I have spent the last two days walking, alone, in silence. Among ancient trees, by water, away from interruptions, and moving, I am tethering myself to my life.
Everything is different for me when I walk. My thoughts, my moods, my experience of myself and my body. I’m reminded of my place in a living world that is much bigger than I am.
Too often, I forget this.
It struck me as I walked how few of us take restorative practices like this seriously. “I’m too busy” we say. “People need me.” “I couldn’t possibly stop.” In the world of many organisations we have turned this orientation into an unquestionable truth for everyone, pushing ourselves and others harder and harder, convinced that if we never stop we will eventually get what we long for.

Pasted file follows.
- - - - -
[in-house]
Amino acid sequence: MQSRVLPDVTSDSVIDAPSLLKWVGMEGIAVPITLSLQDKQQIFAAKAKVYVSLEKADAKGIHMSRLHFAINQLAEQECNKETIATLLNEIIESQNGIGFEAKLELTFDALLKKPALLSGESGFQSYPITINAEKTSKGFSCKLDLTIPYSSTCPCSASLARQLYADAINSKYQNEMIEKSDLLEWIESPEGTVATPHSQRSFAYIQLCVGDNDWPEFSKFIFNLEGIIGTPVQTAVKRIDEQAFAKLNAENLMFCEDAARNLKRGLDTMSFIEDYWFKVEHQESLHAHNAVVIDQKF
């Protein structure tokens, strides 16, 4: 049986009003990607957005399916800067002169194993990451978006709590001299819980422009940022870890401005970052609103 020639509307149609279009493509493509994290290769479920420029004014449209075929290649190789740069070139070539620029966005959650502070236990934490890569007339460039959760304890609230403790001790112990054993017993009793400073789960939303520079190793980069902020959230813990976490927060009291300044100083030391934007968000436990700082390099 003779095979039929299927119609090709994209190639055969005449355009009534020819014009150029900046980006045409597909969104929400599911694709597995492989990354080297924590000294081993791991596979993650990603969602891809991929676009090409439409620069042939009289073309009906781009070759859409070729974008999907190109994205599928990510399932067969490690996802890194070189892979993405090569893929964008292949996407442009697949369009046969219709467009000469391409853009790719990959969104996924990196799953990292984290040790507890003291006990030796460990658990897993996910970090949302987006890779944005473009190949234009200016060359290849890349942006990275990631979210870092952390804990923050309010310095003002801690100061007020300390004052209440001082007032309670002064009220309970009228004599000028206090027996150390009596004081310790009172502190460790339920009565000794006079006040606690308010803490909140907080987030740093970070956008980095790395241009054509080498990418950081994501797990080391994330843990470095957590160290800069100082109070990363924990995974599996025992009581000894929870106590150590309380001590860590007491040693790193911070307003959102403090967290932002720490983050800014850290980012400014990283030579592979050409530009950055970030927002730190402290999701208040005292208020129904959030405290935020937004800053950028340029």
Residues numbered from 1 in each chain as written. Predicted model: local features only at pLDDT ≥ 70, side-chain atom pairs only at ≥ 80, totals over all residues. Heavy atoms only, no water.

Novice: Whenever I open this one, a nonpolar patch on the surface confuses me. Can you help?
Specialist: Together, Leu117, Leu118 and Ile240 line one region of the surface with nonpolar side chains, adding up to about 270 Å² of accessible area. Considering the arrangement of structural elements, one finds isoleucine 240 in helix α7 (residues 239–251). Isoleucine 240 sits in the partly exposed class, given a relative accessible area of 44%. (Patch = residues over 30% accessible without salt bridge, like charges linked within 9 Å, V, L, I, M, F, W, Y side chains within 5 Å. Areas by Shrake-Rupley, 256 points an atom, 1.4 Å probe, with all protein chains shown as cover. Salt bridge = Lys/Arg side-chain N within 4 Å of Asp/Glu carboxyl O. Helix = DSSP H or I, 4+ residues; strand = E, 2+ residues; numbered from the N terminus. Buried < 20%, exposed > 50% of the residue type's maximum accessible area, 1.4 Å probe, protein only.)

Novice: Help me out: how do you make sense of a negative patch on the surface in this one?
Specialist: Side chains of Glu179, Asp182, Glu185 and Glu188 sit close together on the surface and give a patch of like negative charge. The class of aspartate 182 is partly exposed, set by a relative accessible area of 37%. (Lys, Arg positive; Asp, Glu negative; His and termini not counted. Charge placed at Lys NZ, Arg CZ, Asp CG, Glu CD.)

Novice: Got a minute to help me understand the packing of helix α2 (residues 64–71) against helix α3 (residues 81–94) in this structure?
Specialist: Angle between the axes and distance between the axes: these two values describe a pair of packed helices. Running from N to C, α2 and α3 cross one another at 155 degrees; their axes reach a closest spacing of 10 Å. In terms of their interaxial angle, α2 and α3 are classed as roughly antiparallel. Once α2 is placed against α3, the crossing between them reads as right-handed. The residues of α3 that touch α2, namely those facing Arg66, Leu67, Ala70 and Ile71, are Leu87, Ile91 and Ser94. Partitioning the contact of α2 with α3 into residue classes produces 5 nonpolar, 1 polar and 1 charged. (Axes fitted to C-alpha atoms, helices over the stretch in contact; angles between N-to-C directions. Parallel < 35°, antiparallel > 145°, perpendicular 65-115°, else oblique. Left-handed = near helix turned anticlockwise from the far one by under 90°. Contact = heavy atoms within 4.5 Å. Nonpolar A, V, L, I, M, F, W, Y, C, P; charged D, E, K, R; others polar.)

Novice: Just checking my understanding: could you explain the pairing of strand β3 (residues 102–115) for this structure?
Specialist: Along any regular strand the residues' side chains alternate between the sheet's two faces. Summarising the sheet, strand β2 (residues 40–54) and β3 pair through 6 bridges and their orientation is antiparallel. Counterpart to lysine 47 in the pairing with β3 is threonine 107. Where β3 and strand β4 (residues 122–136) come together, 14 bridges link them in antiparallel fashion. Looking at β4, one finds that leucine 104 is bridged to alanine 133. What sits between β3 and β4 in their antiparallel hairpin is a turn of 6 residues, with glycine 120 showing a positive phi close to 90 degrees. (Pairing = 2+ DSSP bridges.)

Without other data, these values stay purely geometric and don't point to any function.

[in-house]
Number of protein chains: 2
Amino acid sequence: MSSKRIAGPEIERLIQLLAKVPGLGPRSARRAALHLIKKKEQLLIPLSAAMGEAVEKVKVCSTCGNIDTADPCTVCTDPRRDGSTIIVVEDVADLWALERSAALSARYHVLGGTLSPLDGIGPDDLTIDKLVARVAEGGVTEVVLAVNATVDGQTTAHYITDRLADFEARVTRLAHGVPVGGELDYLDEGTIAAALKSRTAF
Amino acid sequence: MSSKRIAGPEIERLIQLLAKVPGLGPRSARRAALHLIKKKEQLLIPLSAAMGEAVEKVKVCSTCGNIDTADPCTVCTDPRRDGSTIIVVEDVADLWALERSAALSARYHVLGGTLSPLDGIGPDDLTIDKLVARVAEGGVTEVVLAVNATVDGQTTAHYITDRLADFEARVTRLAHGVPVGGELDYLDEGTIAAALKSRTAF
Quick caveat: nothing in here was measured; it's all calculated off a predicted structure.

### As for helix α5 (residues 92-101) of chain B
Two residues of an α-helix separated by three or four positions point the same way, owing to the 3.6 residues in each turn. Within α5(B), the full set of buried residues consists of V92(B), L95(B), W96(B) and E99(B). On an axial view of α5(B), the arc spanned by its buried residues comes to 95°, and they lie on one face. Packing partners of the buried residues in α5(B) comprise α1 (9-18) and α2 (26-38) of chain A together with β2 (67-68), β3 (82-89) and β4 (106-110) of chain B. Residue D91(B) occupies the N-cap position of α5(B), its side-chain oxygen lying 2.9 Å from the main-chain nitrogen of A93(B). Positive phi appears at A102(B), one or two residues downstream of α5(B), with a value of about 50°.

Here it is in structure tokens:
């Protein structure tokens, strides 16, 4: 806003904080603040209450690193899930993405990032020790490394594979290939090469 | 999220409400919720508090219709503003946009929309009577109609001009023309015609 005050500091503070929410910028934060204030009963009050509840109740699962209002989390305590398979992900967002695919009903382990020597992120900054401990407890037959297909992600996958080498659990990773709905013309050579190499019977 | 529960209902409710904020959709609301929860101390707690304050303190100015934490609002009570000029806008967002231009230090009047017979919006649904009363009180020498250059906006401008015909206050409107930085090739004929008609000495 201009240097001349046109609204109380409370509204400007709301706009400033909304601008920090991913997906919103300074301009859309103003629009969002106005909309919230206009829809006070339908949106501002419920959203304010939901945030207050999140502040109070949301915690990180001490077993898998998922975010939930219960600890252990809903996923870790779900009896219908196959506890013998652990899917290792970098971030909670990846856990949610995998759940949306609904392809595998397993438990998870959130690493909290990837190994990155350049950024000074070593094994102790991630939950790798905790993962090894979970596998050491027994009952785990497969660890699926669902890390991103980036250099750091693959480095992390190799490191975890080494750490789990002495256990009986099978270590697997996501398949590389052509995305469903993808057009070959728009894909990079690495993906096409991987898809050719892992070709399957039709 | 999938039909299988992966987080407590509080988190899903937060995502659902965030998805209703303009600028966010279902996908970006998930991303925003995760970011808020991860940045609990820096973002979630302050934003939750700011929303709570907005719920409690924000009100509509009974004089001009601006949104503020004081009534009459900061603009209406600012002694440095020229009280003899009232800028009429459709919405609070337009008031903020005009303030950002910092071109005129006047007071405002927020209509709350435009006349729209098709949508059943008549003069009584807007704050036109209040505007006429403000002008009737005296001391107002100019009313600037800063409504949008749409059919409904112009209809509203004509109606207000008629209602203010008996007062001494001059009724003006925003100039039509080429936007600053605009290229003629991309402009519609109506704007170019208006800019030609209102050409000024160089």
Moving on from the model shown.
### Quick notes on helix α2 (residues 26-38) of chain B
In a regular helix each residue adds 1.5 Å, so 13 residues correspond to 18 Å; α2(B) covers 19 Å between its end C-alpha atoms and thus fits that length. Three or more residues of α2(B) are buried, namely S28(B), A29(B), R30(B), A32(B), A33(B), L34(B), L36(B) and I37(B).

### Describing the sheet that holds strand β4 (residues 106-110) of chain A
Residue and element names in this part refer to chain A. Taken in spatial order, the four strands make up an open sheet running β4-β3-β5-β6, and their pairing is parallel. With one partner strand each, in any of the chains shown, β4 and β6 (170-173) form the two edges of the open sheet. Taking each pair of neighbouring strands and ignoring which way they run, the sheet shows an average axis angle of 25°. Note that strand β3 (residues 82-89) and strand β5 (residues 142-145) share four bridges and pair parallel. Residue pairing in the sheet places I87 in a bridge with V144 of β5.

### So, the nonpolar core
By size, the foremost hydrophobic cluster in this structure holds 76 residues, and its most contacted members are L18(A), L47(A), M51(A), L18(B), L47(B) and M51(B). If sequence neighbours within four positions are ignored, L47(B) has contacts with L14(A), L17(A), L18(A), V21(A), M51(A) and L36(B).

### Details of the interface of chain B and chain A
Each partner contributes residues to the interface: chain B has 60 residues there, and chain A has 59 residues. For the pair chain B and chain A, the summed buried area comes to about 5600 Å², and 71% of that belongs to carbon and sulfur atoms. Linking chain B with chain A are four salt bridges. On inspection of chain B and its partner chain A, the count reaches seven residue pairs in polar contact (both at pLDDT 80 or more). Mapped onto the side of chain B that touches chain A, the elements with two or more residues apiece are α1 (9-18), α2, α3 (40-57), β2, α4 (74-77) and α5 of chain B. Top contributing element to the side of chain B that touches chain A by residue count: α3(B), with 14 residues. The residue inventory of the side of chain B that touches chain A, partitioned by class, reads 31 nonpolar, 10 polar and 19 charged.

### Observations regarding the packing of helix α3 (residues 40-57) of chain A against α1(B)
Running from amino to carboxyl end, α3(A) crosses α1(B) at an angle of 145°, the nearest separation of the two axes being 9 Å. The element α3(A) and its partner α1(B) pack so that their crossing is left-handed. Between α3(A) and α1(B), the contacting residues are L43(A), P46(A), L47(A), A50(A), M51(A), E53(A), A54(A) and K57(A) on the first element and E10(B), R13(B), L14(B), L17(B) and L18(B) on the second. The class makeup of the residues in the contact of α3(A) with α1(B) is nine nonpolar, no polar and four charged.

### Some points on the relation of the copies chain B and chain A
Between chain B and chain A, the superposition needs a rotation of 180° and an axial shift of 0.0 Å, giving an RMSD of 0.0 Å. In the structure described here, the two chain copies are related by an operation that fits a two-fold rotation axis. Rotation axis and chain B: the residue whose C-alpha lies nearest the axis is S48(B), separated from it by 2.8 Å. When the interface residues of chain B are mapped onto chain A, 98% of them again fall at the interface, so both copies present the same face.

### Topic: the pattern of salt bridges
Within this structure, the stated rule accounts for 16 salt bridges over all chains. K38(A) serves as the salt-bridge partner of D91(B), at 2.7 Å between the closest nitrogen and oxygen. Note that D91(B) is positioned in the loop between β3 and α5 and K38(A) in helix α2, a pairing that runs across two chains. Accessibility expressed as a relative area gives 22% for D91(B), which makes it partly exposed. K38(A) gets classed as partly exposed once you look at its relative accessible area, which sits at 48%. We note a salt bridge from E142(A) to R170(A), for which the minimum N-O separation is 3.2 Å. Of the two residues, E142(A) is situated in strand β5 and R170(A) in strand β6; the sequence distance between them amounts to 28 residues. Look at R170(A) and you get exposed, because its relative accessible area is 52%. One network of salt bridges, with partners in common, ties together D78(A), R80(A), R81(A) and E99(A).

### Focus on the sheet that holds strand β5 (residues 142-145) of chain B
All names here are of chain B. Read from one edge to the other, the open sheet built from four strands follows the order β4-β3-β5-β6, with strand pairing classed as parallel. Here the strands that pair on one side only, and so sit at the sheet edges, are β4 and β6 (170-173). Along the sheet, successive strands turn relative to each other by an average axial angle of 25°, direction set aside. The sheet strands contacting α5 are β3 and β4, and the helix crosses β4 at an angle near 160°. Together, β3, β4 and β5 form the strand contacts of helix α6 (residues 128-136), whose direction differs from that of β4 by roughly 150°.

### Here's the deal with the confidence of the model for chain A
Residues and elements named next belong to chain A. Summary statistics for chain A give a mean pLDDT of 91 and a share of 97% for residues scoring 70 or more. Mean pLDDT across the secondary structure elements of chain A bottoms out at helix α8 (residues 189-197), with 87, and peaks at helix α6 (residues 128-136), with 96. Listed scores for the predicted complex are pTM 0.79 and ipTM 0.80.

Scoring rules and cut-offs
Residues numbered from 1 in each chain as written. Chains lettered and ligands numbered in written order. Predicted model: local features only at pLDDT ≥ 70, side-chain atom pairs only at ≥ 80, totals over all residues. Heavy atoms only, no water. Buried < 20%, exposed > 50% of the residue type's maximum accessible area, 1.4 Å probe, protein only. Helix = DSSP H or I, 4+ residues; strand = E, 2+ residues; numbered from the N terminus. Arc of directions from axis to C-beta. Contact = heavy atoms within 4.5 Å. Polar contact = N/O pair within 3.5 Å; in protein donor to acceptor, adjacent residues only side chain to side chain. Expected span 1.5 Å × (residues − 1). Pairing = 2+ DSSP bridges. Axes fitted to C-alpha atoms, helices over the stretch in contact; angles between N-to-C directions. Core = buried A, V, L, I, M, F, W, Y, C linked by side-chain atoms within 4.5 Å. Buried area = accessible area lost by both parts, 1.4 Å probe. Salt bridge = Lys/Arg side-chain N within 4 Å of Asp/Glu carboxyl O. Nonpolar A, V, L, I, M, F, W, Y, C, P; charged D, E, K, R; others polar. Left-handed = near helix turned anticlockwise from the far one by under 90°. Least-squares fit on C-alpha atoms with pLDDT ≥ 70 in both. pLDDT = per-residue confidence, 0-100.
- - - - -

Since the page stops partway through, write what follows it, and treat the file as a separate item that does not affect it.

In our endless quest for productivity, for efficiency, and for more stuff we’ve convinced ourselves that we are machines for doing and machines for consuming.
And because of this, we’re asking ourselves the wrong question. We’ve lost sight of what it is that is the source of all of our actions, hopes and possibilities. And of our productivity.
Instead of “how can I go faster?” we ought to be responding to “how can I be more alive?”. And understanding that everything we care about – everything – will flow from that.